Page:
Sound and The human ear is a receiver for air pressure fluctuations.
At very low tones, below the so-called "flicker limit" of about 10 oscillations per second (unit Hertz, abbreviated Hz), the processing speed of the brain is sufficient to recognize the air pressure fluctuations as such. At higher frequencies, including techno low basses, the brain is too slow. The ear can receive frequencies up to about 20000Hz.
A continuous periodic oscillation, e.g. in a church organ, is perceived as a single tone. You don't notice that the sound changes periodically - the rate of change is taken as the pitch instead.
The eye works in a similar way. The eye does not receive air pressure fluctuations but fluctuations of the electromagnetic field. The frequencies visible to the eye are about 300-800 terra vibrations per second - Terra stands for a number with 12 zeros. With this unimaginable rate of change, it is understandable that humans do not take the fluctuations of the electromagnetic field underlying the light as such - the frequency is taken as the color instead. Similarly, instruments are referred to as timbres.
Two essential parameters influence the hearing sensation. The pitch (frequency) and the volume (amplitude) of the signal. In the following the temporal changes of some signals are shown to illustrate the differences.
Figure 1: Sinusoidal oscillations with different frequency (left) and amplitude (right)
This representation of signals is called time domain representation or time domain in technical English. The representation is very clear for the listening comprehension of signals below 10Hz (=ultra low bass). Here the human being actually feels several sound pressure fluctuations per second.
At higher frequencies of several thousand oscillations per second, however, the computing speed of the ear can no longer identify the sound as such. At such high frequencies, people hear "differently".
The mathematician Fourier provided a "different" and correct interpretation of sound signals. In his life he came to the conclusion that every (!) signal can be composed of so-called sinusoidal oscillations (as shown in Figure 1). An example of a complex signal is the composition of a square wave signal.
Figure 2: Composition of a square wave signal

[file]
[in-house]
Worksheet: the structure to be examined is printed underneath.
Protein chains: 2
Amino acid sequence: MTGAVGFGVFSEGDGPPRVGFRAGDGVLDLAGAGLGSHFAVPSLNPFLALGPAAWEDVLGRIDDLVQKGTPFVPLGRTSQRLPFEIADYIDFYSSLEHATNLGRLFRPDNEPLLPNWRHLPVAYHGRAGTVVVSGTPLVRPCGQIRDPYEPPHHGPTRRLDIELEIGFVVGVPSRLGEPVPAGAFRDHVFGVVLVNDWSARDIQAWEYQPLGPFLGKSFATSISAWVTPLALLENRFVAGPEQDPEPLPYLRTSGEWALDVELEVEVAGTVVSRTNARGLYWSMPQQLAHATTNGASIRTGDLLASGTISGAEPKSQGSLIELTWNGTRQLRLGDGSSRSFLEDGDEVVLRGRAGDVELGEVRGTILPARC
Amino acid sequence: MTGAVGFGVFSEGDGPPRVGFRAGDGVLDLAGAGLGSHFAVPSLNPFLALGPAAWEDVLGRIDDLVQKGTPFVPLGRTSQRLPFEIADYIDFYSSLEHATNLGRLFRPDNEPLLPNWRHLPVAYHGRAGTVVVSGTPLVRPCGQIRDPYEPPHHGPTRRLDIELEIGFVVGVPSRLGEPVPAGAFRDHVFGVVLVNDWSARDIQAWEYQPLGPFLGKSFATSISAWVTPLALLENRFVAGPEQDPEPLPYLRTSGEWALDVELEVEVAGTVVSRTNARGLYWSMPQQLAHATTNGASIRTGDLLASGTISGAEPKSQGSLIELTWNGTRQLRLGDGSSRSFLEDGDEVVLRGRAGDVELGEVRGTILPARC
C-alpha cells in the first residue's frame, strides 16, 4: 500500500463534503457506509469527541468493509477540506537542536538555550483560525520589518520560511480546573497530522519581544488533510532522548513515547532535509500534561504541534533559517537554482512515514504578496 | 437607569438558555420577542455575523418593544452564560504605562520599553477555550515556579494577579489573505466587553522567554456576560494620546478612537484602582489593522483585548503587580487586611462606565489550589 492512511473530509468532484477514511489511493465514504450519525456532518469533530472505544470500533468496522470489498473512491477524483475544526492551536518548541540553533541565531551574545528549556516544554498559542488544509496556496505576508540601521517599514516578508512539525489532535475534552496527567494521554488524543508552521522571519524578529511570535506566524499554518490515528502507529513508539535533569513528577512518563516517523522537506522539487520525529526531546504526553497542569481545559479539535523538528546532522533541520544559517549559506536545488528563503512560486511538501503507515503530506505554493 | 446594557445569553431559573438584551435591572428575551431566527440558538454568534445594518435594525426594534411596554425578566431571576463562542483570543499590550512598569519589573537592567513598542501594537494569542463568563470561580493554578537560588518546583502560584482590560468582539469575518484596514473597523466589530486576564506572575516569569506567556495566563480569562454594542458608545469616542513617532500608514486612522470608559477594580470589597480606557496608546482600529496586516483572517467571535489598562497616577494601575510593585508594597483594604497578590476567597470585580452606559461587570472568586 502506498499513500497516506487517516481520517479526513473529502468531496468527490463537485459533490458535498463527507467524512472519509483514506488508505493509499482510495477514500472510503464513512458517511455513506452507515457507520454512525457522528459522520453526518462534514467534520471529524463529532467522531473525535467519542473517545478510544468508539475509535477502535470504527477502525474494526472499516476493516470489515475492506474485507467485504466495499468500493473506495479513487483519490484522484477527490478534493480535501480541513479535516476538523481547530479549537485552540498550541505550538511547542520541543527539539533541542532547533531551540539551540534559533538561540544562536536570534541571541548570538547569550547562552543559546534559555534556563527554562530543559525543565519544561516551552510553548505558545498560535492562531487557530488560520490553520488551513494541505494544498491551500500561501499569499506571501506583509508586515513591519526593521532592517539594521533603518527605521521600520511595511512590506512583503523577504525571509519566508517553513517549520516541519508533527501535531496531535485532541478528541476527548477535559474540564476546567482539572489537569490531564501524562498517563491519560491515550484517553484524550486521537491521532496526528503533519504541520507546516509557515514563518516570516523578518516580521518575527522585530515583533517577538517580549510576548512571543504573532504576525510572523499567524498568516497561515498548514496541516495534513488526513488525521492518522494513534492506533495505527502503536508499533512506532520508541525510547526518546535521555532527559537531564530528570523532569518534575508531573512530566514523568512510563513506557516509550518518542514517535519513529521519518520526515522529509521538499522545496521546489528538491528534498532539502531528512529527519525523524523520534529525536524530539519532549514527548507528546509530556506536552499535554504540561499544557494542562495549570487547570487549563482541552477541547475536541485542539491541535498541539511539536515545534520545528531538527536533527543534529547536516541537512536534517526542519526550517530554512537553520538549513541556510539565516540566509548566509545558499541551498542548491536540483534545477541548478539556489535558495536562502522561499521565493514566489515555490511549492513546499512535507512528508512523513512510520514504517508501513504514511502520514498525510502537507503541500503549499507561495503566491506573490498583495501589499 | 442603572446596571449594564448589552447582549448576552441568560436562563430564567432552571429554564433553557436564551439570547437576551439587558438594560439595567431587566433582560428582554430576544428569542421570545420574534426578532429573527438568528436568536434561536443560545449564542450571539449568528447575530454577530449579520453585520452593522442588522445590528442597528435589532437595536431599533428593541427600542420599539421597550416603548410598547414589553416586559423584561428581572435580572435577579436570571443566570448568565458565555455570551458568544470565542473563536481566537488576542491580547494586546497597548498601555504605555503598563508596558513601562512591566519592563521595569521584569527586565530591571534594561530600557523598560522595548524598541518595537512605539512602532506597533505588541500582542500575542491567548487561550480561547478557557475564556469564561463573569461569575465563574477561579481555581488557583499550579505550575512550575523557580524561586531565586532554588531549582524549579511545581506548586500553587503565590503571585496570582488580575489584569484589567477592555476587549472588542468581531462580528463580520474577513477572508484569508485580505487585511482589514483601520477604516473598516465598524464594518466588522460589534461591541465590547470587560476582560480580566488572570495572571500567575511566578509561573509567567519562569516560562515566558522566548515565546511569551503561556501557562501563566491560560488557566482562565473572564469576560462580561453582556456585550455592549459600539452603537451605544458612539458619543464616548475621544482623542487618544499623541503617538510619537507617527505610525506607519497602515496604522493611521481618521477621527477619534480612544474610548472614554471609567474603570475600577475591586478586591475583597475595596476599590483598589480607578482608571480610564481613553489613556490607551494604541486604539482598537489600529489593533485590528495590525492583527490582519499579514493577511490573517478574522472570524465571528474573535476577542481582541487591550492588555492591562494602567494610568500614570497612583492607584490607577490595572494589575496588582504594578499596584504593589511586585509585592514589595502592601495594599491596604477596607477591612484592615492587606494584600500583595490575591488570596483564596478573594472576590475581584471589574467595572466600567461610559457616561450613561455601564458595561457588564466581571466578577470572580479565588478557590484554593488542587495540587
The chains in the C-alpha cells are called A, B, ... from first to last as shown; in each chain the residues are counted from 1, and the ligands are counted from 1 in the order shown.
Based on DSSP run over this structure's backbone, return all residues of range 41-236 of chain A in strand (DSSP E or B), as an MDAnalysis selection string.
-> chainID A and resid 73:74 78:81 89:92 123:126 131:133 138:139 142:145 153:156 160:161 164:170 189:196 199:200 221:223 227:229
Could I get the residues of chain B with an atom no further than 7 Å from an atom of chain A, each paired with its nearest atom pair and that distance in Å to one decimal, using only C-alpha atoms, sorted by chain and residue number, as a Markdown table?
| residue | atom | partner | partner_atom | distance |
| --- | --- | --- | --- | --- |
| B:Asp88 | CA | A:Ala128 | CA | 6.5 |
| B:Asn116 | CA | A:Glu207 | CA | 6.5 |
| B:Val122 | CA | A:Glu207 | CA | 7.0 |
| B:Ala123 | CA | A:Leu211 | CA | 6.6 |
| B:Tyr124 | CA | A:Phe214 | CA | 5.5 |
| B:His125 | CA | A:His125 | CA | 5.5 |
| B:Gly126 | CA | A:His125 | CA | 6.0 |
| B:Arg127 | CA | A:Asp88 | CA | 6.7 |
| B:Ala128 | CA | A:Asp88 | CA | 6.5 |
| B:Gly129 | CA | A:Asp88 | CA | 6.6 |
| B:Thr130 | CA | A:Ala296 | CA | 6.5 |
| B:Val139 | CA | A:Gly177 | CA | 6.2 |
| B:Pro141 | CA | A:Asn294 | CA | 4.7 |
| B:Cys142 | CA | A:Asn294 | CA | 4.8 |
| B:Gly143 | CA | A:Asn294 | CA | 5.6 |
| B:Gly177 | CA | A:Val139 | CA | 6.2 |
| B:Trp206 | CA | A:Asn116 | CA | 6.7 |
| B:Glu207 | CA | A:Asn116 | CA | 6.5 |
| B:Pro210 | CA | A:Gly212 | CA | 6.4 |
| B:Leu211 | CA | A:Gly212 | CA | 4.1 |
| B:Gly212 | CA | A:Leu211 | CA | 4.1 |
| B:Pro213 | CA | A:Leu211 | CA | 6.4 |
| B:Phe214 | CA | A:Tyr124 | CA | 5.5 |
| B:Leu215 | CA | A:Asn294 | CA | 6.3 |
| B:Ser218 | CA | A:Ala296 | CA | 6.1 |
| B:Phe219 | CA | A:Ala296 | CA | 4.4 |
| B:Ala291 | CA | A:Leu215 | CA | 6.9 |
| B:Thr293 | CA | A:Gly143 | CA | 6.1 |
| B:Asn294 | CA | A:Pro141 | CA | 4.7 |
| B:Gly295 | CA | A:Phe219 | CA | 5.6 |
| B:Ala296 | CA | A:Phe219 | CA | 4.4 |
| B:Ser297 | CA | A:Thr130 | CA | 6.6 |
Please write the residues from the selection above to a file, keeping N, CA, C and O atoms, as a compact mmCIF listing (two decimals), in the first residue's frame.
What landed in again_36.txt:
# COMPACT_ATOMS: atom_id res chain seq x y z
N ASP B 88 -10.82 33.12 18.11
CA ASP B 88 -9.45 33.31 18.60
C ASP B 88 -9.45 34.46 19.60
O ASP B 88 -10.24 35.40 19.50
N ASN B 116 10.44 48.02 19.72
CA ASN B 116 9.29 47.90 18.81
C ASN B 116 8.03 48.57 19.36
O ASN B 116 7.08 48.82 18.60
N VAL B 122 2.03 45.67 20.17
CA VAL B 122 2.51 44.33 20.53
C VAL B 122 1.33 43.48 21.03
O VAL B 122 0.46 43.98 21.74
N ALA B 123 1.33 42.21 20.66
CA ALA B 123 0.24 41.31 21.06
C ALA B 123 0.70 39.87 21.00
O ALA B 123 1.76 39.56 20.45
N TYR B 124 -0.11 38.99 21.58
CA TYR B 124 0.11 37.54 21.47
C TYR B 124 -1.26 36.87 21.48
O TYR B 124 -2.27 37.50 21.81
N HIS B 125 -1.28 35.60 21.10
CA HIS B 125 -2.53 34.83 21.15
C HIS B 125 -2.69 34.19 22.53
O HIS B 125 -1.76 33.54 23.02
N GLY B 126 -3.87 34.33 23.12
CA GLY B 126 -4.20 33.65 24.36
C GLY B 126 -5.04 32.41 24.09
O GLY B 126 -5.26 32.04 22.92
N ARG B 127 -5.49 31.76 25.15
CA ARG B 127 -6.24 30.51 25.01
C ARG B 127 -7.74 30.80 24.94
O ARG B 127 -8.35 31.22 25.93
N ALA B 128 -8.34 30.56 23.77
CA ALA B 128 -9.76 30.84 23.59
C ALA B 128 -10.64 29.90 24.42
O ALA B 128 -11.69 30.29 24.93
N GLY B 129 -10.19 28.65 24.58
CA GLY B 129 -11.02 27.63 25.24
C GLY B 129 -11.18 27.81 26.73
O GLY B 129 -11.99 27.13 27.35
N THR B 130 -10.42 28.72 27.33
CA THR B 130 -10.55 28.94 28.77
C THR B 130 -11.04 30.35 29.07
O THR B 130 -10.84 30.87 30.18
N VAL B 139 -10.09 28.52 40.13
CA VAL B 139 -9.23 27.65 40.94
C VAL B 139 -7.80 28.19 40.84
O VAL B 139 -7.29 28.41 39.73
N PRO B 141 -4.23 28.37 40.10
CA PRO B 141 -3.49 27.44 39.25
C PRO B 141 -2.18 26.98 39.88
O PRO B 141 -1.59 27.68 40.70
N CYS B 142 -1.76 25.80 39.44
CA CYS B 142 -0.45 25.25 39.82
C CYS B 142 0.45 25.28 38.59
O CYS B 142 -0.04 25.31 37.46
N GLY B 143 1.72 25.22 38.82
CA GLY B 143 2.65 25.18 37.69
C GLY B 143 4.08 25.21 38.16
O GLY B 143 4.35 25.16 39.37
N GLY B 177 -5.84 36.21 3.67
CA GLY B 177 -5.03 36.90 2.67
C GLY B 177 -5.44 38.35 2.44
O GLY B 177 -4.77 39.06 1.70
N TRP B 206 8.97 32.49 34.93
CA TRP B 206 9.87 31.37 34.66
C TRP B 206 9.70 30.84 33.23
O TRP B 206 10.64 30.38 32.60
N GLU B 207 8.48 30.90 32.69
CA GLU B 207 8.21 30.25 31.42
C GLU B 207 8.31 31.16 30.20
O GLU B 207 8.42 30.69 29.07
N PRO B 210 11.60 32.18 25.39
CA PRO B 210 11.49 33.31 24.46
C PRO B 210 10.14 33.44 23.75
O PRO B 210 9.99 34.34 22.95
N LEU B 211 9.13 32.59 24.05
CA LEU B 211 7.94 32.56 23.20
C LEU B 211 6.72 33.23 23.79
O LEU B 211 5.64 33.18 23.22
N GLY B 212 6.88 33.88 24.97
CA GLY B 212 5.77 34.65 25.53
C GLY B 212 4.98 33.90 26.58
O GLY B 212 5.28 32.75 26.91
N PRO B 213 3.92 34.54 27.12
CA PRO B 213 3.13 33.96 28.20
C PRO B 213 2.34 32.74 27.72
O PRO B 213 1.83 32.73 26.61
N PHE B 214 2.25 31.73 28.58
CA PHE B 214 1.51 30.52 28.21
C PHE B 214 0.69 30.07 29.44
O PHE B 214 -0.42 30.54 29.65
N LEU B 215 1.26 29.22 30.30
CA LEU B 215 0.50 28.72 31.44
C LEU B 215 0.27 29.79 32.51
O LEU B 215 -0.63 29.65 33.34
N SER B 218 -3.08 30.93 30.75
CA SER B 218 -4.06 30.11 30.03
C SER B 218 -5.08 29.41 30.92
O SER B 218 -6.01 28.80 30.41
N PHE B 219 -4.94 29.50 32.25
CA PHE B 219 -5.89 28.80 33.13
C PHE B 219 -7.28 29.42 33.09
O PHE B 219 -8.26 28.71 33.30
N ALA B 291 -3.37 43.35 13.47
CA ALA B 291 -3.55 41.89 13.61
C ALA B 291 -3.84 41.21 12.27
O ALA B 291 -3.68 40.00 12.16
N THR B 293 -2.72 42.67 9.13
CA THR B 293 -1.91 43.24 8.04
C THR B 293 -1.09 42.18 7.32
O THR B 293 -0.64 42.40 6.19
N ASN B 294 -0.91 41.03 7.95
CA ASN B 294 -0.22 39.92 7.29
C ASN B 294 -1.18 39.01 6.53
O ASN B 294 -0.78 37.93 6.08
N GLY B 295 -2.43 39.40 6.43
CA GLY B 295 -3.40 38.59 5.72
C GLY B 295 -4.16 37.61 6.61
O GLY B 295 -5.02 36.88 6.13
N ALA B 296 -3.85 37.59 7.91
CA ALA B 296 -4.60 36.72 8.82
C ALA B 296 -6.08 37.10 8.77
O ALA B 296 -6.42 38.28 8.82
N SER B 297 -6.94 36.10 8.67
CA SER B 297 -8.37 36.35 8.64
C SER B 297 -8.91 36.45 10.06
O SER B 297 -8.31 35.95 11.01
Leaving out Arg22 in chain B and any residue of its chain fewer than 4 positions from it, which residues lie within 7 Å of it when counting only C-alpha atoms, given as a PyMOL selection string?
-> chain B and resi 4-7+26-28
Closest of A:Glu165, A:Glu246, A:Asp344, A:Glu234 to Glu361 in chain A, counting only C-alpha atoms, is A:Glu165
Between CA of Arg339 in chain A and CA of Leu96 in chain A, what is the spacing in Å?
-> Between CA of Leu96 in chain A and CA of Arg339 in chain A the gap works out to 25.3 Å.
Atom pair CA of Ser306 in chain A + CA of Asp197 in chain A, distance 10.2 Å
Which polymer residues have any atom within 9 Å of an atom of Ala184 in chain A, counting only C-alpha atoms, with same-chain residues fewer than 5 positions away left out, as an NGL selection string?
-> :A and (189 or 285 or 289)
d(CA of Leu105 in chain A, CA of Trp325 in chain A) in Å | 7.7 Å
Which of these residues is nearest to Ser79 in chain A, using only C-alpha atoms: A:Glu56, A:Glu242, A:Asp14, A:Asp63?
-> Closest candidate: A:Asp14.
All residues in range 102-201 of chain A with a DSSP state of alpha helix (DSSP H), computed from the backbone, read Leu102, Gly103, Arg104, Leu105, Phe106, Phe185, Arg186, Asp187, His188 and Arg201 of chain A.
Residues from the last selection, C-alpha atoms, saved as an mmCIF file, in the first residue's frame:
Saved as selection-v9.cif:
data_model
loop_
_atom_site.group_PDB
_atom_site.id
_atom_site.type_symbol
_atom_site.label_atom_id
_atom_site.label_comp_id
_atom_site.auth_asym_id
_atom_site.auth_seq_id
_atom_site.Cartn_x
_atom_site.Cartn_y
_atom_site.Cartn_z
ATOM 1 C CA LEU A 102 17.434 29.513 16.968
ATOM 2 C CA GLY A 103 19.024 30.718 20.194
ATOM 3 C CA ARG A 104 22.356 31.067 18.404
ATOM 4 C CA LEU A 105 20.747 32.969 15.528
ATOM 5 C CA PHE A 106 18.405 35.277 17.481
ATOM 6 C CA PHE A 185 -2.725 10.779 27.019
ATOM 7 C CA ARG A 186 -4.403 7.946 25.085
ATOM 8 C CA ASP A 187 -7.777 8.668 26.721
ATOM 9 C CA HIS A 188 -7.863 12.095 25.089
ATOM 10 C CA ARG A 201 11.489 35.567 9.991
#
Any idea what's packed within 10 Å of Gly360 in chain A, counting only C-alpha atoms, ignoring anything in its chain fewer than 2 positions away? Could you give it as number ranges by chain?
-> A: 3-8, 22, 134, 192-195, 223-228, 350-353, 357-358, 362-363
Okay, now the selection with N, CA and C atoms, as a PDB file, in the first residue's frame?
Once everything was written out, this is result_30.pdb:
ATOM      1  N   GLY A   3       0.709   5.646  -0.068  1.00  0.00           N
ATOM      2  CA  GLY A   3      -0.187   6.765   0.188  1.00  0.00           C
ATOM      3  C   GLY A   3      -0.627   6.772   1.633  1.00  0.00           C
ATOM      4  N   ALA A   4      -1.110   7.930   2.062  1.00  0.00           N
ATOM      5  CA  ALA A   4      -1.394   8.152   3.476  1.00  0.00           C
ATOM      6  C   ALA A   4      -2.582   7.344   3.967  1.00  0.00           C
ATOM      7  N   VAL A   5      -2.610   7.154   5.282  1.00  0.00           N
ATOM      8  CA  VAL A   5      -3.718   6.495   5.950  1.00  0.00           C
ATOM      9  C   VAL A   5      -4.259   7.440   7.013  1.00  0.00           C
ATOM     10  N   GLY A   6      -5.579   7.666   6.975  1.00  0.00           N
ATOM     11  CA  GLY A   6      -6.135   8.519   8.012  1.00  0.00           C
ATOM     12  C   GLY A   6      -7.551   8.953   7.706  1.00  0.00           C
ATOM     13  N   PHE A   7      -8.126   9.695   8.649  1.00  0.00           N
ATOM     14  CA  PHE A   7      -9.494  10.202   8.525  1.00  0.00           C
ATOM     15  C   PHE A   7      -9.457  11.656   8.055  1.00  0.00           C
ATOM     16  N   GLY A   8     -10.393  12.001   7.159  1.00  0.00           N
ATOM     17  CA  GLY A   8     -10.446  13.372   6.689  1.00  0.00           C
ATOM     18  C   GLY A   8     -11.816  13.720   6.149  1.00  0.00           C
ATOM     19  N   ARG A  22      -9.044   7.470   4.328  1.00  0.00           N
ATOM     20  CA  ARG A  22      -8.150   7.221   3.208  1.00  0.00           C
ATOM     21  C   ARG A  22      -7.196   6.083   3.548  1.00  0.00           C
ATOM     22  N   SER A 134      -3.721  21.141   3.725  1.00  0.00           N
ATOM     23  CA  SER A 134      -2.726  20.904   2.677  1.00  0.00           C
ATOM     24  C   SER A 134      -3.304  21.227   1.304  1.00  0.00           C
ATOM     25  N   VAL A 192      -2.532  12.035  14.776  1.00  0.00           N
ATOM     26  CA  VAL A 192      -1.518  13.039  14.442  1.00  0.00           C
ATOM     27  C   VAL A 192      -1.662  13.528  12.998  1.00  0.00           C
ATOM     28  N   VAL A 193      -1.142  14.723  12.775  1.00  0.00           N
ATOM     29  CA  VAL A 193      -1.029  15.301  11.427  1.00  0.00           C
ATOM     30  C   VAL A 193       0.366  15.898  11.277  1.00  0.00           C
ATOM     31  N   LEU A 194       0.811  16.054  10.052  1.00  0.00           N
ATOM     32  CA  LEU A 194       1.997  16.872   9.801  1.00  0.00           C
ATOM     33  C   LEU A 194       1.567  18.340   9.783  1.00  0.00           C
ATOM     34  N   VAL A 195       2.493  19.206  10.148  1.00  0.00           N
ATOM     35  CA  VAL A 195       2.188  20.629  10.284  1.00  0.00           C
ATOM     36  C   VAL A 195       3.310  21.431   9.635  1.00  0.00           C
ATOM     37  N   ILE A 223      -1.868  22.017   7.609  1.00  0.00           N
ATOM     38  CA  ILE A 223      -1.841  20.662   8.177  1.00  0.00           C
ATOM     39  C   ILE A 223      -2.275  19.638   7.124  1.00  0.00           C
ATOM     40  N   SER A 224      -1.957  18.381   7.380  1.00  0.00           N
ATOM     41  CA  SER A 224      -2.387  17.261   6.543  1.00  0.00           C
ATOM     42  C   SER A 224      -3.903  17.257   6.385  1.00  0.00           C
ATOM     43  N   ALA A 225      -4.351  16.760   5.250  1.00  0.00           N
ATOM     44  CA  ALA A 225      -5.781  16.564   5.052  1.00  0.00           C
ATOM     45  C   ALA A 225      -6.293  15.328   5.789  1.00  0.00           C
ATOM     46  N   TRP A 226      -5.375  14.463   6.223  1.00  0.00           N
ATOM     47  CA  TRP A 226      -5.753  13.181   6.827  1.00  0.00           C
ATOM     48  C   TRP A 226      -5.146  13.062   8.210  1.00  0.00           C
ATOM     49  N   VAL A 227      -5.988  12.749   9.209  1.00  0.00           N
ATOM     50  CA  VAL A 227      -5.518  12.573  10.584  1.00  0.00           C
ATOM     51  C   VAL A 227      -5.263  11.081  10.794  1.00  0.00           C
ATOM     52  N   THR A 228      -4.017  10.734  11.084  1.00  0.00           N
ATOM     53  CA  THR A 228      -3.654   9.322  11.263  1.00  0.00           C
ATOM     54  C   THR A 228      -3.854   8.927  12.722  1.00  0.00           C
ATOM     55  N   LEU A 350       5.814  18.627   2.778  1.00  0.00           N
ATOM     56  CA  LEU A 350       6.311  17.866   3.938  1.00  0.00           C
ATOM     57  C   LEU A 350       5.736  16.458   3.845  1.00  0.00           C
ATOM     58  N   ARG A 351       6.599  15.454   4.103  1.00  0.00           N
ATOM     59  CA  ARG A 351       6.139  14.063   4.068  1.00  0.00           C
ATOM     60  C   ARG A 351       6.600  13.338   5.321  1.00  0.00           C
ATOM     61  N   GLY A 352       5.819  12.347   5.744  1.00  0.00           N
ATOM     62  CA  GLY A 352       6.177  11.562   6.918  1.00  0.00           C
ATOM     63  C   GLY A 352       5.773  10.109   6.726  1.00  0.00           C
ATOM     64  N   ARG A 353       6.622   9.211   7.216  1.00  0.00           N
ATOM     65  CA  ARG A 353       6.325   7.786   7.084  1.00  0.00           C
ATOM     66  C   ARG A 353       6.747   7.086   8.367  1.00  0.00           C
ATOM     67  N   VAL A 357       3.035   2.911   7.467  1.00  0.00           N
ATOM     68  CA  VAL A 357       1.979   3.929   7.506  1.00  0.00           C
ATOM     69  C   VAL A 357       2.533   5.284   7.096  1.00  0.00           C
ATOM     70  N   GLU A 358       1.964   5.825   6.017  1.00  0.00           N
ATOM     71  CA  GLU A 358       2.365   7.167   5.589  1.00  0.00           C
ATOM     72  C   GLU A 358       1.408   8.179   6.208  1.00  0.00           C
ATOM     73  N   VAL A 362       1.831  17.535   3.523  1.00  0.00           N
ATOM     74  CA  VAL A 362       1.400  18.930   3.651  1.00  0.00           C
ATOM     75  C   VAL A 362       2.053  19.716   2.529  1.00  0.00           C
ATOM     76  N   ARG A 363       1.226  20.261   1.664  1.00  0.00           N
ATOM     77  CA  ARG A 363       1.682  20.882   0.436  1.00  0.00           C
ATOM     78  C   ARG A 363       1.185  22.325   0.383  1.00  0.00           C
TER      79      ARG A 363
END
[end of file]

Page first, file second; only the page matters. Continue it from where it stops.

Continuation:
Adding different sinusoidal oscillations, as shown above, results in a new waveform. The resulting signal for the low-frequency first 3 differently coloured (red, green, blue) sinusoidal measures results in sum:
Figure 3: Square wave signal from 3 sinusoidal oscillations
The result is not really rectangular. If the first 25 are used instead of the first 3 sinus men, the result becomes much more rectangular:
Figure 4: Square wave signal from 25 sinusoidal oscillations
The composition of real music signals works analogously to the rectangle. As an example, the measured frequencies of two instruments (violin and flute) are shown - the frequencies are also referred to as "spectra". Each line in the following diagram stands for a sinusoidal oscillation in the time representation, the sum of the sinusoidal oscillations would give the complete time signal.
Figure 5: Spectra of violin and flute
Each of the (spectral) lines in the frequency diagrams represents a sine wave - it is common for periodic time signals that the spectrum consists of individual lines. If the time signals change non-periodically with time, the gaps between the signals are also filled.
The flute has only one of these lines at about 800Hz. The sound of the flute therefore sounds very clean and pure. The lowest-frequency line is called the fundamental wave and is dominantly responsible for the perception of the treble.
The violin consists of many more lines, the sound impression is much more complex than with a flute. The fundamental wave is around 200Hz, so the instrument is perceived as lower than the 800Hz flute.
The fundamental waves at both frequencies have a sound pressure of about 90dB - the two instruments are therefore about the same volume.
Figure 6: The extended Fletcher-Munson Diagram
The expanded Fletcher Munson Diagram expands the understanding of hearing. The red area shows the usual frequency ranges of spoken language. The basic waves of the speech are mostly below 1000Hz, the rest are harmonics which make up the characteristic timbre of the letters. Music probably covers a larger range. From about 120dB the volume becomes painful and can lead to hearing damage. The green line shows the hearing threshold for soft signals.
As a microphone, the ear is not equally suitable for all frequencies. At frequencies around 3000Hz the hearing is most sensitive, deep bass and frequencies above 20,000Hz the hearing is comparatively quiet. The diagram in Figure 3 therefore shows different curves of equally perceived volume as a function of frequency.
In deep bass, a person can hear the sound with his whole body. The sensation has little in common with the usual "hearing", but to specify a lower frequency limit for the audible frequency range is nonsense. Depending on the age (and the number of disco visits) there is an upper frequency limit. This is usually between 16000 and 20000Hz.